Skip to main content

Autodesk Draws Up a New Way to Set Carbon Footprint Goals

While the scientific community largely agrees that developed countries must reduce their greenhouse gas emissions by up to 85 percent to avoid catastrophic climate change, there is much less consensus within the business community over how to get there.

Even though the number of companies that have set emissions reduction goals is growing, the types of targets being set are all over the map: absolute cuts or intensity goals normalized by unit of output, sales or square foot of office space.

The problem with all of these goals, according to Autodesk's Emma Stewart, is that none are rooted in climate science, leading to aimless shooting by companies that may not put them on track to make the depth of emissions cuts scientists recommend.

That led Stewart and the Autodesk team to devise a new way of setting goals to reduce its carbon footprint. It's called the Corporate Finance Approach to Climate-Stabilizing Targets, or C-FACT, and the company hopes other businesses will adopt it and even help Autodesk make it better.

"It's intended as a call to action for companies to revisit the methodologies they're using, and for those who haven't set goals to borrow from this or possibly leapfrog us," Stewart, the senior program lead for Autodesk's sustainability initiative, told this week.

It is reminiscent of BT's Climate Stabilization Intensity (CSI) Target model, which attempts to link financial and environmental performance to needed emissions reductions, but Autodesk claims their methodology goes a step further by making the metric universally acceptable by any accounting system.

C-FACT, which Autodesk's CEO has committed to use through at least 2020, allows companies to set climate goals that are proportional to what is contributed to the economy, based on its gross profit relative to Gross National Product. This accommodates for natural business growth, which can completely throw off a company's absolute emissions reduction target, Stewart explained.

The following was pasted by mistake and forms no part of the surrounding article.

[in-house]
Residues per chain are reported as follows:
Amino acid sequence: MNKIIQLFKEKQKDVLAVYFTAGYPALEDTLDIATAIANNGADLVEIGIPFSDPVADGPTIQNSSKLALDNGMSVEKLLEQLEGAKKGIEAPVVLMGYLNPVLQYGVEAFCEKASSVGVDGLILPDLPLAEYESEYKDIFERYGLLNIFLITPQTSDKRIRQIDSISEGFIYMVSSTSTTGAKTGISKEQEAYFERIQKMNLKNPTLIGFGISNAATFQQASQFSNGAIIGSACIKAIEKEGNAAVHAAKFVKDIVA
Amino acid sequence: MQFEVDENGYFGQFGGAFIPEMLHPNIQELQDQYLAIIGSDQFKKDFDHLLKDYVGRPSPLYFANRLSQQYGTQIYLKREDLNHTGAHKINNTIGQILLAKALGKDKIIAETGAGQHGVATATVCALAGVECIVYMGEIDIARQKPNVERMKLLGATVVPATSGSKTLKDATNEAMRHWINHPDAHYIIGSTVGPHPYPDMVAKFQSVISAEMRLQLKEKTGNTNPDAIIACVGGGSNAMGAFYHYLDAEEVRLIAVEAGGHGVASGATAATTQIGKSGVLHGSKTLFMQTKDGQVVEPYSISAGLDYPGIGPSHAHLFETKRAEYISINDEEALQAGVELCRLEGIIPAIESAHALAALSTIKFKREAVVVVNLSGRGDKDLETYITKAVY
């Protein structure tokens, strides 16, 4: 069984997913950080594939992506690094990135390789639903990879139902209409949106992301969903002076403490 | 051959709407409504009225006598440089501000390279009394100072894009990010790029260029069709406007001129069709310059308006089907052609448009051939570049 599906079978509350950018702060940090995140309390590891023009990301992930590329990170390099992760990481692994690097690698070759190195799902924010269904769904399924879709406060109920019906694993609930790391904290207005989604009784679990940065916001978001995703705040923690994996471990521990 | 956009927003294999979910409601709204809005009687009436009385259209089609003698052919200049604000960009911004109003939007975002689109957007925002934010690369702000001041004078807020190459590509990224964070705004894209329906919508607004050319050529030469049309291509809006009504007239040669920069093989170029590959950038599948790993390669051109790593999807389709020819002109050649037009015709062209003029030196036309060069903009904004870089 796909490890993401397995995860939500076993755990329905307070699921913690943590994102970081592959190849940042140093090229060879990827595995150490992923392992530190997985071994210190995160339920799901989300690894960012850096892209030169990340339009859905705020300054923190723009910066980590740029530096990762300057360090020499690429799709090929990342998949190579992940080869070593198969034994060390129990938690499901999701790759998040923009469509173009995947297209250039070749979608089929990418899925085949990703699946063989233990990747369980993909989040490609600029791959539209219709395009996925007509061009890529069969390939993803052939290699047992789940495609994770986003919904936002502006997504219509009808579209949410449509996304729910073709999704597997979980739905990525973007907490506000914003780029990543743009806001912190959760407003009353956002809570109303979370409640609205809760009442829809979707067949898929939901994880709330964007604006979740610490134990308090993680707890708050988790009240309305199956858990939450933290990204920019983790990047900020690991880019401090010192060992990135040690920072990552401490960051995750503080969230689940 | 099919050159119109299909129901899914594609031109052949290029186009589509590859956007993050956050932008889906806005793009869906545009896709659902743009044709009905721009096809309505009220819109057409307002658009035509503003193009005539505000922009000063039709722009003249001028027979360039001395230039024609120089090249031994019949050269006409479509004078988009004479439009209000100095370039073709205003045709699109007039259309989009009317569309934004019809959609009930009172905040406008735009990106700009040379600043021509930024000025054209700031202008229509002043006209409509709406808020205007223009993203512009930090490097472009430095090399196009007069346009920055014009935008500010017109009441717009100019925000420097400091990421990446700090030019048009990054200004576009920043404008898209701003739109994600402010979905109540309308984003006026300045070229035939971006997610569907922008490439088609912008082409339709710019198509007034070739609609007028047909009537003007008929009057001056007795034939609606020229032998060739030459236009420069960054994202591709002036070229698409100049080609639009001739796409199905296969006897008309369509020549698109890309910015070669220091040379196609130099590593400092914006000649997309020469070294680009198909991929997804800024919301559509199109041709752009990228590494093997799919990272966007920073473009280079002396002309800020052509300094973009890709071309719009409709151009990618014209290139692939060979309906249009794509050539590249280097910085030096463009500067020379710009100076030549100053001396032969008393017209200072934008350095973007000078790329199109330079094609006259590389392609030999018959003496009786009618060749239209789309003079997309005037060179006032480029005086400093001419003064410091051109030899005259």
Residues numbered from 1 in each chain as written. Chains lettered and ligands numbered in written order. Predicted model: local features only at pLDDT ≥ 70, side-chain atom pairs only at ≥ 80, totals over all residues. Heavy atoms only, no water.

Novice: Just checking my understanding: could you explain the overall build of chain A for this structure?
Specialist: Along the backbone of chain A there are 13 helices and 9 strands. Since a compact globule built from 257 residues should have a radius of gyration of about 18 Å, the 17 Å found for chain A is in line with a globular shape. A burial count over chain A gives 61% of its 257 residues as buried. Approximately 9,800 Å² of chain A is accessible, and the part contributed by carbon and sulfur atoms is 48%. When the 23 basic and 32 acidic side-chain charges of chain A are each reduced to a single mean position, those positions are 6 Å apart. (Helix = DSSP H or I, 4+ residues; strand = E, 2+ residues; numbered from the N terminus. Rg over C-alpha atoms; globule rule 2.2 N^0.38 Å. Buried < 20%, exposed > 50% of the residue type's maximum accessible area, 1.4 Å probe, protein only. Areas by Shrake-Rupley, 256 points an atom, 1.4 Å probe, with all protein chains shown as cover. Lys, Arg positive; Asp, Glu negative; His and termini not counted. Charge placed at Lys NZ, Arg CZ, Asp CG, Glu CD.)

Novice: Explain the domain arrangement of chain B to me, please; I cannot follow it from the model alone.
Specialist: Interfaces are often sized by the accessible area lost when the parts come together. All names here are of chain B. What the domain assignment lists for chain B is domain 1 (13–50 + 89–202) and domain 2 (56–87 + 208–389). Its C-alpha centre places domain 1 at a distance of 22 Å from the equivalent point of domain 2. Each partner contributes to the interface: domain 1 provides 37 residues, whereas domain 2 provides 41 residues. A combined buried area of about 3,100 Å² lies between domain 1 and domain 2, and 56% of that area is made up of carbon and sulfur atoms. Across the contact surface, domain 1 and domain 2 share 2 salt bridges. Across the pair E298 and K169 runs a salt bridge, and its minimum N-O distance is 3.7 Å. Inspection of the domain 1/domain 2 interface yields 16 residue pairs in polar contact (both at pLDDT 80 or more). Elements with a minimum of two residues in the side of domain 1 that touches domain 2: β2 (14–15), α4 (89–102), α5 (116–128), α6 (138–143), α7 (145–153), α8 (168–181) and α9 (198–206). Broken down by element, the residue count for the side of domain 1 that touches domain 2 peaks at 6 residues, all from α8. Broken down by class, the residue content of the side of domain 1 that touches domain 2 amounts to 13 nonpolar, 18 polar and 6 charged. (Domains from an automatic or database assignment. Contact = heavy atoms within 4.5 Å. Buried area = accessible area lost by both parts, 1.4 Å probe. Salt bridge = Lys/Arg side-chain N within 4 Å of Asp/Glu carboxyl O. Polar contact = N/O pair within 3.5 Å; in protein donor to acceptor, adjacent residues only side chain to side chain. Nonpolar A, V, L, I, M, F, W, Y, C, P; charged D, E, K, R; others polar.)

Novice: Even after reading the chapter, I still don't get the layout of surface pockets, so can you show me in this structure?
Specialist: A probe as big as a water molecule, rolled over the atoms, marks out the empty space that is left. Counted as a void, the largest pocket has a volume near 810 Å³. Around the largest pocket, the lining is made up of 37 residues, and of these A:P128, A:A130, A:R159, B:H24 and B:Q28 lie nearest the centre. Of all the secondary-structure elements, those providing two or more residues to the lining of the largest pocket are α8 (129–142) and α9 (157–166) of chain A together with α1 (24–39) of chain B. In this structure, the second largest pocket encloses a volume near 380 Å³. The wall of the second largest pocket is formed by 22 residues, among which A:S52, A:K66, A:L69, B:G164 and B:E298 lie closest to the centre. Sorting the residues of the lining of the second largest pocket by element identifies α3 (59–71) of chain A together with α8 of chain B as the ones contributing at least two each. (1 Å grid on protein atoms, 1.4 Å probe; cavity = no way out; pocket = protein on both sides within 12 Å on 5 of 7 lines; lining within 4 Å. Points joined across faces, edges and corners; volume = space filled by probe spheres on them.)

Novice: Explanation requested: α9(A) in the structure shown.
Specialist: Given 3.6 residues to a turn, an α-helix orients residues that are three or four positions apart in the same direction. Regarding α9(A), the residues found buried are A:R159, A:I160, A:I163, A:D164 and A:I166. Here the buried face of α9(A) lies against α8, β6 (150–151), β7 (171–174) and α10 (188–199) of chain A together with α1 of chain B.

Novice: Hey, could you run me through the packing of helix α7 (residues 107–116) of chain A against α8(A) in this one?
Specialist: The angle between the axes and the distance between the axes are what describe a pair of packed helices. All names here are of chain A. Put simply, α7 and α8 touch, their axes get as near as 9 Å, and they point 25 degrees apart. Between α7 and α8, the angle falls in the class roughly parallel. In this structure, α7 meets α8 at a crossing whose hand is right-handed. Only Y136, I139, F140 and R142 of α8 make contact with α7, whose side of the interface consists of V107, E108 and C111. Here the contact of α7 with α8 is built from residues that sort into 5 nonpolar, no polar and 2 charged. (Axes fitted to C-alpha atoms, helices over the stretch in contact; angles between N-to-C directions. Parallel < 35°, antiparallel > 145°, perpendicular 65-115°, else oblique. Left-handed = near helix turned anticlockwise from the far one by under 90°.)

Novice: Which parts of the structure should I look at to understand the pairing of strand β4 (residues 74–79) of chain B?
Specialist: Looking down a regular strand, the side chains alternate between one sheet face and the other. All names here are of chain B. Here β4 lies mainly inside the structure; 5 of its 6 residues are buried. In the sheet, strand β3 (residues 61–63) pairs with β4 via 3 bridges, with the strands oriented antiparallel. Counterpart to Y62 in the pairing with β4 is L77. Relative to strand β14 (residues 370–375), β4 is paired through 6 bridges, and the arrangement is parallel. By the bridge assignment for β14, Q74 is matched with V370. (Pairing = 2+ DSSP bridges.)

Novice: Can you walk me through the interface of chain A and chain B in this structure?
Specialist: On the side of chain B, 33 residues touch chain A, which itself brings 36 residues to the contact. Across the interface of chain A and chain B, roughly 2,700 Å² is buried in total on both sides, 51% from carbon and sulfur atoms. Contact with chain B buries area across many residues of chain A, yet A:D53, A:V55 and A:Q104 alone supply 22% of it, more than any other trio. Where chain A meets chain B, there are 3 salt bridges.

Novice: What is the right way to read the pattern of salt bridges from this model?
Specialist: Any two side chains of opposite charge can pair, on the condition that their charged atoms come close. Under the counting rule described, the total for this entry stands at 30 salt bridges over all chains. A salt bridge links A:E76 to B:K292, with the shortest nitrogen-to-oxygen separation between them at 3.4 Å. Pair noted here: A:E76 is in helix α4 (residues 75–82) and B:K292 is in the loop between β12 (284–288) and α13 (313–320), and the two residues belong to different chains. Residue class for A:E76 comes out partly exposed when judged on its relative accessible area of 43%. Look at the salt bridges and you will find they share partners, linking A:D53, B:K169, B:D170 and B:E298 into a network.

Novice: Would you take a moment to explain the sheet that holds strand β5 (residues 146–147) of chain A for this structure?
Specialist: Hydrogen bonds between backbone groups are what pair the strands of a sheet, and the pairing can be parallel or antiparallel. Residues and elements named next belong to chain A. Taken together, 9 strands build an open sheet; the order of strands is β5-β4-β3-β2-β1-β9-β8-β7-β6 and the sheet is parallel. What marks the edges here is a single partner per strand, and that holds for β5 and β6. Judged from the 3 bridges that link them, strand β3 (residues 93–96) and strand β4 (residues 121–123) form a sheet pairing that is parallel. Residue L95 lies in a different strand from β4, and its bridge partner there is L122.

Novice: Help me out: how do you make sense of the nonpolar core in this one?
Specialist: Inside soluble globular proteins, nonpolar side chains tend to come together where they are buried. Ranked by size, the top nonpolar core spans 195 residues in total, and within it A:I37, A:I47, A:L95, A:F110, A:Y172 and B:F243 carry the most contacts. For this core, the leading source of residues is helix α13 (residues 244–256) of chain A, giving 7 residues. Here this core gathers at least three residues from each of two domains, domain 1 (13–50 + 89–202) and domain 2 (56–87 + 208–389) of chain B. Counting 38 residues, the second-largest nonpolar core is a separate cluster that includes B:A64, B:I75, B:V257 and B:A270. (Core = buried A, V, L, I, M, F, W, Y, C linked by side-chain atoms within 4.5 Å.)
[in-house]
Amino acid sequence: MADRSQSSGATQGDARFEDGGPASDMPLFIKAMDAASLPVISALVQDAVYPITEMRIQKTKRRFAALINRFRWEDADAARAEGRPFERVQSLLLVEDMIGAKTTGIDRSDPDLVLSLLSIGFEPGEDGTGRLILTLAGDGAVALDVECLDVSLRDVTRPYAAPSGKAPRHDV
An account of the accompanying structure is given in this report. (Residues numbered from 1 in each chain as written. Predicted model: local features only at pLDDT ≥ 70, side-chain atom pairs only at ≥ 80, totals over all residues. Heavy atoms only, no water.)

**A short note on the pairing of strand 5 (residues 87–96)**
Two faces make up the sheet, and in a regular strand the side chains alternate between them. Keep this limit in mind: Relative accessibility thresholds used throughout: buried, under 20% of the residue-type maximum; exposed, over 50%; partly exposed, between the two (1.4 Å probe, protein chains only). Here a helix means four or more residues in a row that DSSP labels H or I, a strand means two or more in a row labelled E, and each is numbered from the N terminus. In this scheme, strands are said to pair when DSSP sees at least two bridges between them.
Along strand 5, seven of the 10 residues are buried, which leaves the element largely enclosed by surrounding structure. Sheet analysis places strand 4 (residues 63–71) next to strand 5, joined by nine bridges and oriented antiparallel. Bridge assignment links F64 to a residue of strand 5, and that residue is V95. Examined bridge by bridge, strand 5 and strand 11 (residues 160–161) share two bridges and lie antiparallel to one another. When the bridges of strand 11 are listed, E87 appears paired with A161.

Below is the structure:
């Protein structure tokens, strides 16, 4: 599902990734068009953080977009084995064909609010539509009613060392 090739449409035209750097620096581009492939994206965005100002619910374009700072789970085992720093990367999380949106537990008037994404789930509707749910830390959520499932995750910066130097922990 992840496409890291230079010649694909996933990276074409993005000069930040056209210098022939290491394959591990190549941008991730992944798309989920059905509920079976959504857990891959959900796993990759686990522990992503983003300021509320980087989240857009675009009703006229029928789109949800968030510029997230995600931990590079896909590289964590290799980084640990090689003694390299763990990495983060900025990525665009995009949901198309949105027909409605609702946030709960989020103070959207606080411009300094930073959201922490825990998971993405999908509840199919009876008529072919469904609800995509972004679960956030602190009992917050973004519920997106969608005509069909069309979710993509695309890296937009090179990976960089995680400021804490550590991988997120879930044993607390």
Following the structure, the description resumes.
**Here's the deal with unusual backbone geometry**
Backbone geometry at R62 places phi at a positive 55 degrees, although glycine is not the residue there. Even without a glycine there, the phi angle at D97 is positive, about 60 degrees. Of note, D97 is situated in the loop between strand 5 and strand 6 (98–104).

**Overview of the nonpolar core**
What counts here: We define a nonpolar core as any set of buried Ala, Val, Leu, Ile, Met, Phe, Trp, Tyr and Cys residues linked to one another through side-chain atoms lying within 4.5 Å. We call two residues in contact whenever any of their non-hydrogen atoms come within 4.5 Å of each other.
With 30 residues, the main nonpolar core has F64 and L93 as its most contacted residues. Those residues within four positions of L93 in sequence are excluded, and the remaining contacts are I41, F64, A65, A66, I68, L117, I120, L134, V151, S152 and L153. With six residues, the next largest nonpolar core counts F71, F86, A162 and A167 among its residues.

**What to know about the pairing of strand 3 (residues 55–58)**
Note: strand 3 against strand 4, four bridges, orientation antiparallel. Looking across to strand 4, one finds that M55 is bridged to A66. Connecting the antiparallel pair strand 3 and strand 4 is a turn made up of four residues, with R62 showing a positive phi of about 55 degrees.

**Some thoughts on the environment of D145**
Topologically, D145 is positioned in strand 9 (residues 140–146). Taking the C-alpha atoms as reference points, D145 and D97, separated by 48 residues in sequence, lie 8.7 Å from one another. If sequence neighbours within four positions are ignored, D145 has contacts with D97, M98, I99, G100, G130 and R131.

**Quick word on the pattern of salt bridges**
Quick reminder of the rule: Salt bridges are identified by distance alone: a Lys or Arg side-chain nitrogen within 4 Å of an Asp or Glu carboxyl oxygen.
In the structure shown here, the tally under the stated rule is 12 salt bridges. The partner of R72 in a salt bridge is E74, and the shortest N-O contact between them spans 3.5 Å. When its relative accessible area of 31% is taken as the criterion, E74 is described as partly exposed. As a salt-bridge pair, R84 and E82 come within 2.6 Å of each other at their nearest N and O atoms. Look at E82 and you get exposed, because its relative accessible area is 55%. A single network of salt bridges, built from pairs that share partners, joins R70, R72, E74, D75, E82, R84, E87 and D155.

"(Absolute emissions reduction targets) would be immediately moot if we made acquisitions or divestitures," Stewart said.

Here's how it works: Using their baseline emissions and gross profit, companies can determine their carbon intensity ratio, which they can then use to forecast their contribution to GDP.  From here, companies can determine how many emissions they will need to reduce to stay in line with scientific recommendations of lowering emissions 85 percent below current levels.

Autodesk must recalculate a new absolute reduction target every year based on how it performed the previous year. If the company significantly over- or undershoots its target, it has a five-year window to get back on track.

The exercise showed Autodesk it needs to reduce its emissions 4.52 percent between fiscal 2009 and 2010.  The company's total emissions, however, grew 1 percent between 2008 and 2009.

"This year, we have taken a number of steps that will dramatically reduce greenhouse gas emissions," Stewart said.

That includes heavily investing in virtual collaboration tools, which has helped the company so far exceed a goal of reducing travel by 20 percent. Autodesk is also trying to push virtualization in its data centers and enhance data tracking capabilities.

"We don't own our data centers," Stewart said, "so we have to use our influence as much as possible."

More on this topic